While a sports dome has many benefits, it can be a significant investment (see our white paper on the cost of building a dome.)
Below are some creative ways to fundraise for your dome project so you can to enjoy your sport year-round.
When a group of local businesspeople in Owen Sound, Ontario wanted to erect a dome for the community, they came up with the catchy fundraising name, “Raise the Dome.”
Soon, the Raise the Dome fundraising drive was being covered by local radio stations and donations were pouring in.
Redeemer University in Hamilton, Ontario named their soccer dome fundraising efforts, “The Field for All Seasons Campaign.” They partnered with Ron Foxcroft, a local community leader and founder and CEO of Fox 40 International. Ron Foxcroft invented the Fox 40 pealess whistle, used officially by just about every recognized sports league there is. His involvement brought immediate clout to the project and got their fundraising off to a roaring start.
When Redeemer launched their dome fundraising drive, they didn’t go it alone. They collaborated with the local Ancaster Soccer Club and agreed to share the facility.
The project’s cost was also offset by provincial and federal grants totalling $2.6 million. The city of Ancaster got involved by unanimously approving a $1 million interest-free loan to the school.
The Kelowna United FC headed a similar partnership with the Central Okanagan School District, which wanted to add a second dome facility to share with other sports organizations in the community. The provincial government chipped in with a $350,000 grant to help fund the joint venture.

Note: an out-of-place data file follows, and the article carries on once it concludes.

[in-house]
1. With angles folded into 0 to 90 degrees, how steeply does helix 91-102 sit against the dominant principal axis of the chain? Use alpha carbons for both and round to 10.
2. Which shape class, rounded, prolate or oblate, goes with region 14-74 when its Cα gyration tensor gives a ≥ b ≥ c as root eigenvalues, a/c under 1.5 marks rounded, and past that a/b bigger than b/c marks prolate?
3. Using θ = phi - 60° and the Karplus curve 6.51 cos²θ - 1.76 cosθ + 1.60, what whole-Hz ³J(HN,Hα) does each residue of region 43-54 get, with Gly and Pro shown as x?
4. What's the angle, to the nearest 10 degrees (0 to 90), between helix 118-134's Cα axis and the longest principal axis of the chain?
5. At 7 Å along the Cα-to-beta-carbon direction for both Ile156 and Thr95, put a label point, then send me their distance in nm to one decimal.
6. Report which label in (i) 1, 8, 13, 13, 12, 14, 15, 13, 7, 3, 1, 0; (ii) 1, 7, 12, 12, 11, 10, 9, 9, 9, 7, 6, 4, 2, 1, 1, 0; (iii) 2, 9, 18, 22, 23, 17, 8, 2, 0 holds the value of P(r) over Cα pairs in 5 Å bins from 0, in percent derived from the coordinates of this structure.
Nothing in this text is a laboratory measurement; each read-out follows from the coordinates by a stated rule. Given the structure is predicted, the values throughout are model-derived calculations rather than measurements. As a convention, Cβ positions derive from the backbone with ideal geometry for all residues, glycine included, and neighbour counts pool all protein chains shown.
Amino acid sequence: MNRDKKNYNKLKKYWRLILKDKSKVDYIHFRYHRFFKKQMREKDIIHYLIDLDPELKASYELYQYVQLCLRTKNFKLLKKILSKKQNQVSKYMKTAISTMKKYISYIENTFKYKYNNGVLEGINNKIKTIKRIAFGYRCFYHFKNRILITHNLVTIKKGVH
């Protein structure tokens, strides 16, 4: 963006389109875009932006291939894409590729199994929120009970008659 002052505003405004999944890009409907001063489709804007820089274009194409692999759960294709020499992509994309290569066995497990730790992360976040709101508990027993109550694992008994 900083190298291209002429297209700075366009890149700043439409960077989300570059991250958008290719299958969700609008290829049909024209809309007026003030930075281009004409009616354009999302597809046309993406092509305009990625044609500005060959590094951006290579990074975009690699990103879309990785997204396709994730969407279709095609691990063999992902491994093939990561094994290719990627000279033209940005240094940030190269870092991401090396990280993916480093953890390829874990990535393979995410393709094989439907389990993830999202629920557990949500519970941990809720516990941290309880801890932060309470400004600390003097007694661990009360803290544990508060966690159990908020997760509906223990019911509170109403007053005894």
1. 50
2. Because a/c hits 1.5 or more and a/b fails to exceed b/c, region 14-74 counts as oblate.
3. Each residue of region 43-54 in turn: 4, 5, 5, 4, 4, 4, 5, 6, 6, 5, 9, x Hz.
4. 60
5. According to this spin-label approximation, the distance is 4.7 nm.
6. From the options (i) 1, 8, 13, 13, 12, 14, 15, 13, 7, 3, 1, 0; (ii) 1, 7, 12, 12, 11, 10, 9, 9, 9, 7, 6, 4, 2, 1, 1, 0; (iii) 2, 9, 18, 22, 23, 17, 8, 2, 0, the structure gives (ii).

Big-money sports franchises often sell the naming rights to their arenas and stadiums. This has been happening since 1912 when the stadium owner for the Boston Red Sox also owned a company called “Fenway Reality.” Later, in 1926, chewing gum mogul William Wrigley named the Cubs stadium “Wrigley Field.”
While some bemoan stadium naming sponsorship, it can be a great way to help fundraise your dome!
The Chicago Fire MLS club partnered with The Private Bank for naming rights to their new dome, which features two regulation-sized soccer fields. In addition to the Chicago Fire Juniors team, the dome will be used locally by more than 250,000 people each year.
With the explosive growth of soccer in North America, more and more corporations are wanting to get involved in this form of sponsorship.
BMO Financial Group is not only the sponsor of Toronto FC’s BMO Field stadium but also the club’s state-of-the-art Academy training ground (a dome built by the Farley Group!)
Kelowna United also used the popular “Platinum and Gold Sponsors” method, where individuals and local companies where recognized for their contributions to the Kelowna United Dome project. And hey, you might recognize one of the names of the Platinum Sponsors!
As you read in the above examples, pro sports teams (especially growing pro soccer franchises in North America) are great partners in soccer dome fundraising.
It doesn’t always have to be in the form of major sponsorship, either. For The Field for All Seasons Campaign (still catchy, isn’t it?) MLS Club Toronto FC donated a Jersey signed by each member of their roster. The jersey was put up for auction, which got many individuals excited and involved to donate to the project.
There are many creative ways to fundraise for your dome project. From collaborating with various levels of government, corporations, and local businesses to public and private individuals, pro sports and local sports clubs, there are many ways to get your dome off the ground!